NEWRY – About 50 people Wednesday pondered just what Maine wants to be when it grows up economically during a transportation planning conference.

Presented by the Androscoggin Valley Council of Governments, the third annual Western Maine Transportation Day lived up to some expectations of participants but disappointed others.

Two consecutive sessions during the 3-hour conference covered future transportation-related issues and looming and distant opportunities for economic development in western Maine.

“I was glad to see the dialog going on and I was happy to add my two-cents worth,” said Hartford Selectwoman Lee Holman.

But District 65 Rep. Arlan R. Jodrey, R-Bethel, expressed disappointment that talk skirted the issue of much-needed job development.

“It’s one thing to want everything, but you’ve got to create some jobs to support it,” Jodrey said.

District 67 Rep. Randy E. Hotham, R-Dixfield, echoed Jodrey’s concern.

“You have to have a plan that can be supported by the jobs it creates,” Hotham said.

During the first session, discussion centered mainly on deficiencies in Maine’s highway system and bridges.

Approximately 33 percent of Maine’s highway system doesn’t meet modern standards for pavement quality and roadway design, according to one AVCOG handout. Additionally, 14 percent of state-maintained bridges and steel culverts are structurally deficient.

AVCOG Executive Director Robert J. Thompson briefed the group on the proposed east-west highway and a perceived need for a regional airport to be located along Route 2 west of Norridgewock.

“They’re playing the same old record again. They’re talking long-term planning investment and the regional airport and that was done years and years ago, and at that time it was said that there is not a suitable site west of Norridgewock,” Jodrey said.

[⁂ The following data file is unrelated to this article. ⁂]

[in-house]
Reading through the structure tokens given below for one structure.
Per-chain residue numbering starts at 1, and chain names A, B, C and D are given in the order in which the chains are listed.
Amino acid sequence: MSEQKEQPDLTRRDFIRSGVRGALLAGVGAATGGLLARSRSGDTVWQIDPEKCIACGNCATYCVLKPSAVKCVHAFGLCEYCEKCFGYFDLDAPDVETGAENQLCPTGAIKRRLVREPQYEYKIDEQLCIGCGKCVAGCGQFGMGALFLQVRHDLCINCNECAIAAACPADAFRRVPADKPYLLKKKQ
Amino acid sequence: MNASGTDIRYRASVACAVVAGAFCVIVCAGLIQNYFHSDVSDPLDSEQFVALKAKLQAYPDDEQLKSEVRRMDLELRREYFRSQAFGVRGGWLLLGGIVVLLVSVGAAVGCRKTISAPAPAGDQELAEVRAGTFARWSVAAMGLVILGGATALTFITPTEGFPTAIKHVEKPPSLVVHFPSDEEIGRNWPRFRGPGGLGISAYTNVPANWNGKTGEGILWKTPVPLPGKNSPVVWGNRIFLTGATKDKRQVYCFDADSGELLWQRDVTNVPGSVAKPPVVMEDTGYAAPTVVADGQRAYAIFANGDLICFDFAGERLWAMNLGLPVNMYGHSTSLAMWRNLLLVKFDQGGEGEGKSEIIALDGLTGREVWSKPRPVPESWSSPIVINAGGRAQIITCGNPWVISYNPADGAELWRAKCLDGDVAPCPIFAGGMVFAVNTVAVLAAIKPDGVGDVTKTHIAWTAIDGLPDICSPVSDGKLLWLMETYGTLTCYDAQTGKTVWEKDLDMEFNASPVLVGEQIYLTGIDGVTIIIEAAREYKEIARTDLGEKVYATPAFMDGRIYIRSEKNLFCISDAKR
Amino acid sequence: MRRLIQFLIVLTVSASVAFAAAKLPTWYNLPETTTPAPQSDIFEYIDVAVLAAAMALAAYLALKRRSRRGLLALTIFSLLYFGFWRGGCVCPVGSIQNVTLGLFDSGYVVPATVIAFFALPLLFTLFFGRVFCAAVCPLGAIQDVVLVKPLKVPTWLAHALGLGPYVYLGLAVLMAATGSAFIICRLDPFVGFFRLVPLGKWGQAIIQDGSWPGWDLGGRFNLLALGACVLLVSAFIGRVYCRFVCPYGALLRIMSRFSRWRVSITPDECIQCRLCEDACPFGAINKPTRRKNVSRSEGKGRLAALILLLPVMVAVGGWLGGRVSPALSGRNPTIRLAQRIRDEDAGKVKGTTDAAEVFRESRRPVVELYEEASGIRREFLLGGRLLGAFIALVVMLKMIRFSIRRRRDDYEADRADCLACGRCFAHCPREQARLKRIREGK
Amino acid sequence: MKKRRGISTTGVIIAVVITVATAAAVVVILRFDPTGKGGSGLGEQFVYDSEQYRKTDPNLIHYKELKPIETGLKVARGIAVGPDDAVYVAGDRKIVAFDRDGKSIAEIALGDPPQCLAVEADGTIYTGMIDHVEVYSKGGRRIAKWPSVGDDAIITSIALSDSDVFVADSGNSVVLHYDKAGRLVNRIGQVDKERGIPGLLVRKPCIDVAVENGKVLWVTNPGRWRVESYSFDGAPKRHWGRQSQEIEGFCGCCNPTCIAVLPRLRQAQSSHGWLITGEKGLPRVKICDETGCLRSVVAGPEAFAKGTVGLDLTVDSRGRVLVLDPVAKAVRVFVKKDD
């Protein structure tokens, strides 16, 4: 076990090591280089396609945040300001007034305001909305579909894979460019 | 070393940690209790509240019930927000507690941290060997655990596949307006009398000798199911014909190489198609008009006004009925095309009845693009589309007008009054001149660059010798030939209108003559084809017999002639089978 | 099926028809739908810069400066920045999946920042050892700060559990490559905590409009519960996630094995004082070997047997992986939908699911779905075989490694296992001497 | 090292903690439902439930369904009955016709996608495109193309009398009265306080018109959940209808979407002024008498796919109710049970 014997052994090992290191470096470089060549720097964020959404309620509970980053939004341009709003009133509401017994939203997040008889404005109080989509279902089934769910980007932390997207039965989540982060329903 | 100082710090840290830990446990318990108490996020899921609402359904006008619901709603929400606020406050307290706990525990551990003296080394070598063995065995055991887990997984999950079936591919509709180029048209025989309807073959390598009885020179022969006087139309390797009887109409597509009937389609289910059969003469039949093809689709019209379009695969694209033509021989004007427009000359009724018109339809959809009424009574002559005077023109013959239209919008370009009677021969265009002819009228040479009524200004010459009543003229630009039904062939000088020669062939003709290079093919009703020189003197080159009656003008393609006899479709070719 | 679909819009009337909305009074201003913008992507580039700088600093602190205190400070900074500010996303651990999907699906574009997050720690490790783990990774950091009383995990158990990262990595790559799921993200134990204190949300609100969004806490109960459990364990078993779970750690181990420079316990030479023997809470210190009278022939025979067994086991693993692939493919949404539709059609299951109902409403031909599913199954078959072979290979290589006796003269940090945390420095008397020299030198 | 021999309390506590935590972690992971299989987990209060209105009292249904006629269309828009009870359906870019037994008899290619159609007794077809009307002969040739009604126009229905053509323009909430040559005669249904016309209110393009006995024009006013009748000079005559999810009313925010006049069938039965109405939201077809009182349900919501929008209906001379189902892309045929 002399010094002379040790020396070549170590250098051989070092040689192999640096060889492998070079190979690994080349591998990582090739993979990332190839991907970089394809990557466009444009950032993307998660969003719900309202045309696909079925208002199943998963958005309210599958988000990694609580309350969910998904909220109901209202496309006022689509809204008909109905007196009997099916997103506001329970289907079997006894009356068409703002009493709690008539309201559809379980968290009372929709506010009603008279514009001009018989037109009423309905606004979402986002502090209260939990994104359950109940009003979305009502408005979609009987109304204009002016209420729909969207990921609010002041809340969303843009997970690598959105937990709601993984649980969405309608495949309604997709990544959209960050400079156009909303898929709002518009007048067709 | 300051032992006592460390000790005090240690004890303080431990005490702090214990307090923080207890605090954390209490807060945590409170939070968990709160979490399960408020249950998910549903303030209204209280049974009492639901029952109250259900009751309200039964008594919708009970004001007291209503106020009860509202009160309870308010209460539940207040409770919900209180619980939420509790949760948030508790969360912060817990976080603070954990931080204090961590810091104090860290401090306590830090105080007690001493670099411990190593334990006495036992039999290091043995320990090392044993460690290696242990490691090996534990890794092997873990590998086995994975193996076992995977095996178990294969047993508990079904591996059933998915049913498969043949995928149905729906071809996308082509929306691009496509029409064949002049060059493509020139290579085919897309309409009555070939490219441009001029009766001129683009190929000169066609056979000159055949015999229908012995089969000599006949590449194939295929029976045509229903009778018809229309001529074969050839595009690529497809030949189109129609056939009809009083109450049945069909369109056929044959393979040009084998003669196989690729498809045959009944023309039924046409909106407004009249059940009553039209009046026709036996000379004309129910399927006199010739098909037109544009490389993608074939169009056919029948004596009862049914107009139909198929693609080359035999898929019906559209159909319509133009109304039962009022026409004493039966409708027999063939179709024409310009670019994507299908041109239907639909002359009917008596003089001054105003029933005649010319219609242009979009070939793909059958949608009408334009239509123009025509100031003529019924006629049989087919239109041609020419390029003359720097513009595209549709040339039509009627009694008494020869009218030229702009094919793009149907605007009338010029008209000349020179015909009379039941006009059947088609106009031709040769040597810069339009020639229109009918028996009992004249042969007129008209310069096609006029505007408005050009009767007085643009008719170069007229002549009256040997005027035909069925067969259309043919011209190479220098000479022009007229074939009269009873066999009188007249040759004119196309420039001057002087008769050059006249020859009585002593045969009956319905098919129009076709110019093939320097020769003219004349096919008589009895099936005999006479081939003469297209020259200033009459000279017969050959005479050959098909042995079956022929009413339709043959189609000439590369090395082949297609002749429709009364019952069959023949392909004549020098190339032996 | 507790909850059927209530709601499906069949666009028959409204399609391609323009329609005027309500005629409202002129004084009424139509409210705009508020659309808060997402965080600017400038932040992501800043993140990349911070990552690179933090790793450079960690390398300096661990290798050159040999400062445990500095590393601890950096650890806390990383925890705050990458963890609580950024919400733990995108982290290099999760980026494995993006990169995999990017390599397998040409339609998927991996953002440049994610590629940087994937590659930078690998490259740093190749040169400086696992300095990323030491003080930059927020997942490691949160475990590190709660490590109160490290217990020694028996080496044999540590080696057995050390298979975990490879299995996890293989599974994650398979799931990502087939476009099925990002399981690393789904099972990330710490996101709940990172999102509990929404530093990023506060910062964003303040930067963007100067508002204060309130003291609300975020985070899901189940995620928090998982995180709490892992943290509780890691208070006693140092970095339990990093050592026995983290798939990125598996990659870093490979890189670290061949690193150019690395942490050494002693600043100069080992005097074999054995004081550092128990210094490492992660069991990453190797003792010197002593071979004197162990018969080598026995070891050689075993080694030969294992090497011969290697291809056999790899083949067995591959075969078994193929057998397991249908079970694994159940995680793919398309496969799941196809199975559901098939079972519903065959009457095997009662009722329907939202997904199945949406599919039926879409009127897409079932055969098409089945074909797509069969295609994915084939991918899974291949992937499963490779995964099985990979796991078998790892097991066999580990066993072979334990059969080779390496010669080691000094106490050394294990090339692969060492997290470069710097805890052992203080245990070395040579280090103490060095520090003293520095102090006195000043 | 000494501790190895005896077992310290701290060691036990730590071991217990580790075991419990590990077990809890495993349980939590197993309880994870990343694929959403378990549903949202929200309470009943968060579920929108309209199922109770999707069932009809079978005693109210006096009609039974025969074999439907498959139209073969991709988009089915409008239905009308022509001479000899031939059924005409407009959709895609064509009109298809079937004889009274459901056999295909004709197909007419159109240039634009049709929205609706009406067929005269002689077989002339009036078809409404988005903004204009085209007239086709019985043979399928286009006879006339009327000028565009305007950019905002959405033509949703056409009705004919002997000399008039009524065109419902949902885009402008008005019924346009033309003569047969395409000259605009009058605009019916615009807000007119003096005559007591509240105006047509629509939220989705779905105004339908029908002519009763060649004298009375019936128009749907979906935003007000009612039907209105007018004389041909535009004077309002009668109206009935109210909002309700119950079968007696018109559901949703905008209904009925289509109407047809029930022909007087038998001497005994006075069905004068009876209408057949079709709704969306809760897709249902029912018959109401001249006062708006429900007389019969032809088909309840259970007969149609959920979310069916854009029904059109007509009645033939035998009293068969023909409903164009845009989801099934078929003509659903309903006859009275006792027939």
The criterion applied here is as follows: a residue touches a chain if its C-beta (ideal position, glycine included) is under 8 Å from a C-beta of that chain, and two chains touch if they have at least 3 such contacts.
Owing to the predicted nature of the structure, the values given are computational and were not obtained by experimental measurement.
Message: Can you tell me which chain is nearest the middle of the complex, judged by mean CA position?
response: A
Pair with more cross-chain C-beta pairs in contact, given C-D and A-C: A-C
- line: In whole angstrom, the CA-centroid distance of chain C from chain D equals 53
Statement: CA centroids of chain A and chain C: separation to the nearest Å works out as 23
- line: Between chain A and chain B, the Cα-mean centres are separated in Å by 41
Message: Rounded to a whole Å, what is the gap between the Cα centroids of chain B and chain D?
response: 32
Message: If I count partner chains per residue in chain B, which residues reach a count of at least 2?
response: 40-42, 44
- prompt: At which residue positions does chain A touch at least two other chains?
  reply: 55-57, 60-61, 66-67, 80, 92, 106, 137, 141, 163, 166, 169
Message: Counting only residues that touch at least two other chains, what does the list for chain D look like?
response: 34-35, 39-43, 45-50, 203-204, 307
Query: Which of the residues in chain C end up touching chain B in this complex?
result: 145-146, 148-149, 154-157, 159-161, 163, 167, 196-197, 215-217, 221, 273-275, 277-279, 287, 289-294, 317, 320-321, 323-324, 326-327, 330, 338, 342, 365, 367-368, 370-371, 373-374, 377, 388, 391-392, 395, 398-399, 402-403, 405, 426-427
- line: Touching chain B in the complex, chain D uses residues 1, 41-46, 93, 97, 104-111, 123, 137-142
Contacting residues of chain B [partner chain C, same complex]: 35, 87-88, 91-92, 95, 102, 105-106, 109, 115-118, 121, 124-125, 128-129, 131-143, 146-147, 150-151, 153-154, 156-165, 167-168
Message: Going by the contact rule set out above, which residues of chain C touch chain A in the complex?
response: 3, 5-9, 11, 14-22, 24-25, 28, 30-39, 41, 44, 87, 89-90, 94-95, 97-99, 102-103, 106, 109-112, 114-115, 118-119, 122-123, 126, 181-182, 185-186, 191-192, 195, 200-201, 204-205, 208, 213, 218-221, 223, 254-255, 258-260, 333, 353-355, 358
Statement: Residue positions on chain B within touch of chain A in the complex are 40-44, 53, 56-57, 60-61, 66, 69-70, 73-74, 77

When questioned about the status of the east-west movement, Thompson said Congress set $1 million aside for MDOT to conduct a feasibility study.

That work would assess Maine’s existing highway systems and explore the relationship between transportation connections and potential growth.

Johnson said that by October, MDOT hopes to hire a consultant to do the study.

“The east-west highway is many, many years away. The question is, if we build a better corridor, can we create industry? We’re already heavily into the tourism industry,” Jodrey said.

Deciding where to locate such a system or just fix east-west arterials already in place were other concerns raised.

“Everyone basically wants it to go on Route 2, but will it have to be a toll road to pay for it if it was a four-lane divided highway? I think this group is saying, ‘Just give us an improved Route 2,'” Jodrey added.

Don Craig, transportation director for the Androscoggin Transportation Resource Center led the second session that explored rail system issues related to passenger transportation, freight movement and aviation.

“It’s a great idea to bring rail back, but I’ve heard stories that Amtrak is in trouble all over the place. Can we really pull this off?” Holman asked.

Both Craig and Thompson said yes.

“Rails are a lot more subsistent than highways are,” Thompson said.

Roland Miller, director of Community and Economic Development in Auburn, argued that improved and new railway systems are needed to increase economic development.

“Maine can’t support and expand a highway structure,” Miller said. “We can’t keep building more and more lanes. The California Project has taught us that. We have to look at other modes of transportation.”


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